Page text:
Regardless of your company's stage, it's always an excellent exercise to have an investor data room. At the same time, it's important to note that data rooms can evolve over time. So, if your startup is in the earliest stages, you might feel overwhelmed if some of the valuable information is missing.
Don't fret over the data room if this is the case, but keep it in mind. A startup evolves fast, and the sooner you have the information, the better. This leads us to our next point, one of the most important ones you will read in this article. What do you include in an investor data room?
What Do I Include in a Data Room for investors?
Let's make one thing clear. Defining what information you have to put in your investor data room can be challenging. If you put too much information in it, some investors might put off reading it. Still, on the other hand, if you put too little information, it might send off signs of lack of preparation.
The following list suggests what you should have, so it can come off as long. However, if you find something you don't have or don't know its importance, this is the best moment to learn about it.
Startup due diligence checklist
Main Documents and Summary
So let’s remember the due diligence process for which you need this Data Room- happens after you’ve convinced an investor.
Preparing everything takes a while; you need to prepare and collect a bunch of documents from a bunch of places- so you might want to get started sooner, but the context here is important: you’ve already convinced an investor.
So, it’s expected that you include your pitch deck, which works much like a cover for the entire thing: but by the time you share this data room, investors will most certainly have seen this deck.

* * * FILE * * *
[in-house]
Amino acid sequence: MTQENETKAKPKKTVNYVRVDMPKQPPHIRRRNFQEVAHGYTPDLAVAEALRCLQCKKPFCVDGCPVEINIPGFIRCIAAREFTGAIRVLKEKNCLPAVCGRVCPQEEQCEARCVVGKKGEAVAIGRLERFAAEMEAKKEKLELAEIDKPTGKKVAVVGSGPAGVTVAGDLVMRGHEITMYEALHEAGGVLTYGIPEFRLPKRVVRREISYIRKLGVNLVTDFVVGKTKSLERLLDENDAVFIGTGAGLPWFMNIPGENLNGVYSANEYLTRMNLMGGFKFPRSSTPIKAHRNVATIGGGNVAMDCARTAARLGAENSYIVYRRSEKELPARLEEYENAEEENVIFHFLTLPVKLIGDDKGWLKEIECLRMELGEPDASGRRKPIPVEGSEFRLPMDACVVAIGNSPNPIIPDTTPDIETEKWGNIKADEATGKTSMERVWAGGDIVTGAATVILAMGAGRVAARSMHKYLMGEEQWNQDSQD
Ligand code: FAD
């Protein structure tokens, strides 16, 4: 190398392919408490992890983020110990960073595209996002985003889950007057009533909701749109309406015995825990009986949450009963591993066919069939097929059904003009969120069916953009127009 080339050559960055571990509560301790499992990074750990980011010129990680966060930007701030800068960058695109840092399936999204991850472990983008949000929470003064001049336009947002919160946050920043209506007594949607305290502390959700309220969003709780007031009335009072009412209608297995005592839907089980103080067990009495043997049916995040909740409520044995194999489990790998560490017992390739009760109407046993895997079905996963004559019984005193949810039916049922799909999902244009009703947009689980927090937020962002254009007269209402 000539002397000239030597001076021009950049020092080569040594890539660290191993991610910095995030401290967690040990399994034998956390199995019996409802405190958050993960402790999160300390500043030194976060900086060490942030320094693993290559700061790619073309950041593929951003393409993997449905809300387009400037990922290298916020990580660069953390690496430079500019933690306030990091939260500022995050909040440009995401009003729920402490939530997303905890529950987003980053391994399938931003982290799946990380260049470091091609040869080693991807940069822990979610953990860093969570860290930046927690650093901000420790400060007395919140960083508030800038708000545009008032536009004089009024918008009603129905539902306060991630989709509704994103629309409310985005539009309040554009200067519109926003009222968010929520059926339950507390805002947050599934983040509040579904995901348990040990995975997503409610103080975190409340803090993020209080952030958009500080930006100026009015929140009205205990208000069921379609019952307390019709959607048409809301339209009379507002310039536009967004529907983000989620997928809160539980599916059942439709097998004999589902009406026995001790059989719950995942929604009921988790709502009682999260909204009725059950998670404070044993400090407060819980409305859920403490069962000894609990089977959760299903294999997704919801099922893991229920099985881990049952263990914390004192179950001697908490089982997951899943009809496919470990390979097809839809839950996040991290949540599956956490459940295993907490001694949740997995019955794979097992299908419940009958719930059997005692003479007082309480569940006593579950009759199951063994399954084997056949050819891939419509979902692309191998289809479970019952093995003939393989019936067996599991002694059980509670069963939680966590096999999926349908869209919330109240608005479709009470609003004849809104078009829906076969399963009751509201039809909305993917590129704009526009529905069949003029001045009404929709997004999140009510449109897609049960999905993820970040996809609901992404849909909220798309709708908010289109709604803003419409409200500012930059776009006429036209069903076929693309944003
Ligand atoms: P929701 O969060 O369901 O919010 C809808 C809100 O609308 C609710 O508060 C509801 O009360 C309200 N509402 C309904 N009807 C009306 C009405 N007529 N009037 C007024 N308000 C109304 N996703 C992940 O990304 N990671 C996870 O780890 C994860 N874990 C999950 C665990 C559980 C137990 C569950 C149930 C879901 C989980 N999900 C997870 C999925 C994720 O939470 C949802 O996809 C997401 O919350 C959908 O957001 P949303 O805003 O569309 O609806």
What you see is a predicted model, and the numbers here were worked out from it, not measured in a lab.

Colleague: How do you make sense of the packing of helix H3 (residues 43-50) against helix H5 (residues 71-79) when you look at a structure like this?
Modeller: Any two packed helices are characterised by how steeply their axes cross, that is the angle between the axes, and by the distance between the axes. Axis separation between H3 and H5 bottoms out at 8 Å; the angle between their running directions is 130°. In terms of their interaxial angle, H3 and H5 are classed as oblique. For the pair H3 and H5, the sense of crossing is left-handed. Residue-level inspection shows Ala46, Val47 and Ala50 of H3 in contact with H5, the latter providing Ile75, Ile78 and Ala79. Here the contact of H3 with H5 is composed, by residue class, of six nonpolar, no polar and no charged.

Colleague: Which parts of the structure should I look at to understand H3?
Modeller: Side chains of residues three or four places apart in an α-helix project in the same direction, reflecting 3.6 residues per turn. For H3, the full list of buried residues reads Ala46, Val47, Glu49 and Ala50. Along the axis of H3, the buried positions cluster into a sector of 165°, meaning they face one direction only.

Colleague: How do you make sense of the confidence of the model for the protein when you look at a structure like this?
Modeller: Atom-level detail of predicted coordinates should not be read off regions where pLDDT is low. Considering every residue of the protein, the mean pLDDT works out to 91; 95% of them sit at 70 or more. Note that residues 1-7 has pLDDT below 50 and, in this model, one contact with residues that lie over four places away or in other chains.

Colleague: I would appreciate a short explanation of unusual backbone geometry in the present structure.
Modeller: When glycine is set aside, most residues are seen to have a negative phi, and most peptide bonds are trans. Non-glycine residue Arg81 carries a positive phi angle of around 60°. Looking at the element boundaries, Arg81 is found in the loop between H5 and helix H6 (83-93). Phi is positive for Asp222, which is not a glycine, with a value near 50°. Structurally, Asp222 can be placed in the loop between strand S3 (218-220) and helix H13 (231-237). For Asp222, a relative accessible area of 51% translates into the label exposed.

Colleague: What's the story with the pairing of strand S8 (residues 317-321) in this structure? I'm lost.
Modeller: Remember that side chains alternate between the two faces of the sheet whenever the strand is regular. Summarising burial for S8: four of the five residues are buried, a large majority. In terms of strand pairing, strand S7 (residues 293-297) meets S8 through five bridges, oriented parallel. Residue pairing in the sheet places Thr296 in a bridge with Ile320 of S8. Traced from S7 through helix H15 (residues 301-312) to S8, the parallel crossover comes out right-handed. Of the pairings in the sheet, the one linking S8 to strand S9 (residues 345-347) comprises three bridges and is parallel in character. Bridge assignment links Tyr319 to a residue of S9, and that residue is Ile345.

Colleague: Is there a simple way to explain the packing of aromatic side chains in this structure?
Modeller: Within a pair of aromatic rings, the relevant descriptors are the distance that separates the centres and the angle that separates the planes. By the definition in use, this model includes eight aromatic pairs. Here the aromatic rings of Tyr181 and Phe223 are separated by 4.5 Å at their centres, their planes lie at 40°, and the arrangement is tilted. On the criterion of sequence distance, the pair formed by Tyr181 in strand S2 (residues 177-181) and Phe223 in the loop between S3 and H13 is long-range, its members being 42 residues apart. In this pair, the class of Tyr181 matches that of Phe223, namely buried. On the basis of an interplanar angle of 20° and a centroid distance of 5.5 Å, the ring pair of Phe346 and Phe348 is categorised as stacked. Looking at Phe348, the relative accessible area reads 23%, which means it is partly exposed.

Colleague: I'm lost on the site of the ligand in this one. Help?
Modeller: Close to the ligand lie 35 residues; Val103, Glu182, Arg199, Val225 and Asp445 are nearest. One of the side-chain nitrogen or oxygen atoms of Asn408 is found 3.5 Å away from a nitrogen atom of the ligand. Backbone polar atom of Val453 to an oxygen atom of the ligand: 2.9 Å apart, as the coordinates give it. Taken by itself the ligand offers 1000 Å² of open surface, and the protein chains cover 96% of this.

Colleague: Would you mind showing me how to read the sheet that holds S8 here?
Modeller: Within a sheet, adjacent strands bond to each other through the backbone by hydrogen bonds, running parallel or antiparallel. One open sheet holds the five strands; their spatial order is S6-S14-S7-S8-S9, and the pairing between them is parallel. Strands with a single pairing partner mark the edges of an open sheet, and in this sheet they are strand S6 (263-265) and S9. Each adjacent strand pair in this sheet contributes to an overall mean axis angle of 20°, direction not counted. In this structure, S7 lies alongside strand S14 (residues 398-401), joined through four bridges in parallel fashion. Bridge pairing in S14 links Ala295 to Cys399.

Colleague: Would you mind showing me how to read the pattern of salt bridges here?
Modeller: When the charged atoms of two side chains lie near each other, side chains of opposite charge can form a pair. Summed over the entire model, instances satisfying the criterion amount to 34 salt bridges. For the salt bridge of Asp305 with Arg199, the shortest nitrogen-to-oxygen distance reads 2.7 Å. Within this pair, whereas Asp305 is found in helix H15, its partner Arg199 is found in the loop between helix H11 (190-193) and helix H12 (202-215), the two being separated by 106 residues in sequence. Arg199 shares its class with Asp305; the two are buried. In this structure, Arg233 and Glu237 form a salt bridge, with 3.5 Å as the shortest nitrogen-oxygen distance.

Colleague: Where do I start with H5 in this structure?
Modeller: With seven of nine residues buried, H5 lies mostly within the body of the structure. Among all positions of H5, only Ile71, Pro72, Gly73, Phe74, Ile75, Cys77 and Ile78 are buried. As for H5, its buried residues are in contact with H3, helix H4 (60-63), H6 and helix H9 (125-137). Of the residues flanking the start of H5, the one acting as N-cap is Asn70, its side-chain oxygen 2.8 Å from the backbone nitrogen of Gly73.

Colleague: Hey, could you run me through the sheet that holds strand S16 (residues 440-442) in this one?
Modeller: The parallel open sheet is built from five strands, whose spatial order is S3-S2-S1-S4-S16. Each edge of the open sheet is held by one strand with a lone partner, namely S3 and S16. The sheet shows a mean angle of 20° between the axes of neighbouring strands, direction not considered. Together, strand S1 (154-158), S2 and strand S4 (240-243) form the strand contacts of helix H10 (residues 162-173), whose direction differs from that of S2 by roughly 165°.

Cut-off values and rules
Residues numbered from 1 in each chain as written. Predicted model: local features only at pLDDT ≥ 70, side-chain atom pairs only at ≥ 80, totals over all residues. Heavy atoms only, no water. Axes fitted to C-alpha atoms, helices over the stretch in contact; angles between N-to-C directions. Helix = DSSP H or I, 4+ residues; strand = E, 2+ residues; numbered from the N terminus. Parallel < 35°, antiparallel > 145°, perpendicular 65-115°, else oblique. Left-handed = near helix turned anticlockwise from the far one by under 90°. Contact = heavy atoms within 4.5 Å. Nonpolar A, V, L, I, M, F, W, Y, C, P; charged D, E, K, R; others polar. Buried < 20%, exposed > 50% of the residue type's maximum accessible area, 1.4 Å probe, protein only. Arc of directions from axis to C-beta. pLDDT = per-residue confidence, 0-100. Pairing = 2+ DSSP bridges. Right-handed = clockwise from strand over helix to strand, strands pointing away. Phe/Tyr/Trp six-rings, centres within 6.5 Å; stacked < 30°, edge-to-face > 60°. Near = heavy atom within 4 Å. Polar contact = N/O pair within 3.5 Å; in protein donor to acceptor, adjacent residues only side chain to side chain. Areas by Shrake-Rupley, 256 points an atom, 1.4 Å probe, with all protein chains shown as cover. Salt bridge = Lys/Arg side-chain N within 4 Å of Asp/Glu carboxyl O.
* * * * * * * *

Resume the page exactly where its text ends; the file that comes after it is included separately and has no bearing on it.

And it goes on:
It’s useful to have one there, though- either for looping other decision makers into the process or to even use as intros for other investors. Same with the One Pager, which is a printable, single-page version of the pitch deck. Both of them are company summaries in the end.
We’ve published a bunch of videos on how to write a pitch deck- even a 9-day course. We also have a bunch of pitch deck templates and one-pagers templates- and our team is available to help write and design them- so you’re more than covered on that front.
So, here's what you should include in your investor data room:
So let’s talk Financials. There are some core items here.
First, your Balance Sheet and your P&L. This is what a Balance Sheet looks like, and this is what a P&L looks like. They are both generated by your accounting software- which, by all means, you should have one if you’re at this stage (and probably a bookkeeper to help you track it).
Recommended platforms here are Quickbooks and Xero, and we have discounts for both of them on the startup deals module in Slidebean.
The other part is the financial model, also called a Pro-forma statement.
That does require a little more work. An investor wants to see three things in a financial model:
Where you will be spending money: your budget for hires, team members, and marketing costs.
Your key assumptions: when do you foresee milestones like launching the platform, or when do you expect you’ll need to raise money again.
Lastly, these key assumptions will determine your revenue projections- how much you expect to grow, and what drives that growth. A big mistake founders make is just place growth numbers rather than estimating what drives them.
I wrote a Techcrunch article about it, and I’m working on a new video to teach you how to do driver-based modeling.
If you don’t know where to start, I got you. My team and I created a few financial templates for the most common business models: SaaS, eCommerce, Marketplaces, Apps- where all the variables are ready, all you need to do is bring your numbers- all available on Slidebean.
We also published free tutorials for each of them, so you can check that in our channel.
Lastly, if you need our help, for example, if your business model doesn’t quite fit either of them, we now have a team of analysts that can jump in too.
Our template is good for 7 years. Investors don’t necessarily want you to detail your hiring plan that far into the future, so your focus should be on two things-
Expenses and revenue for the period that the investor money will fund.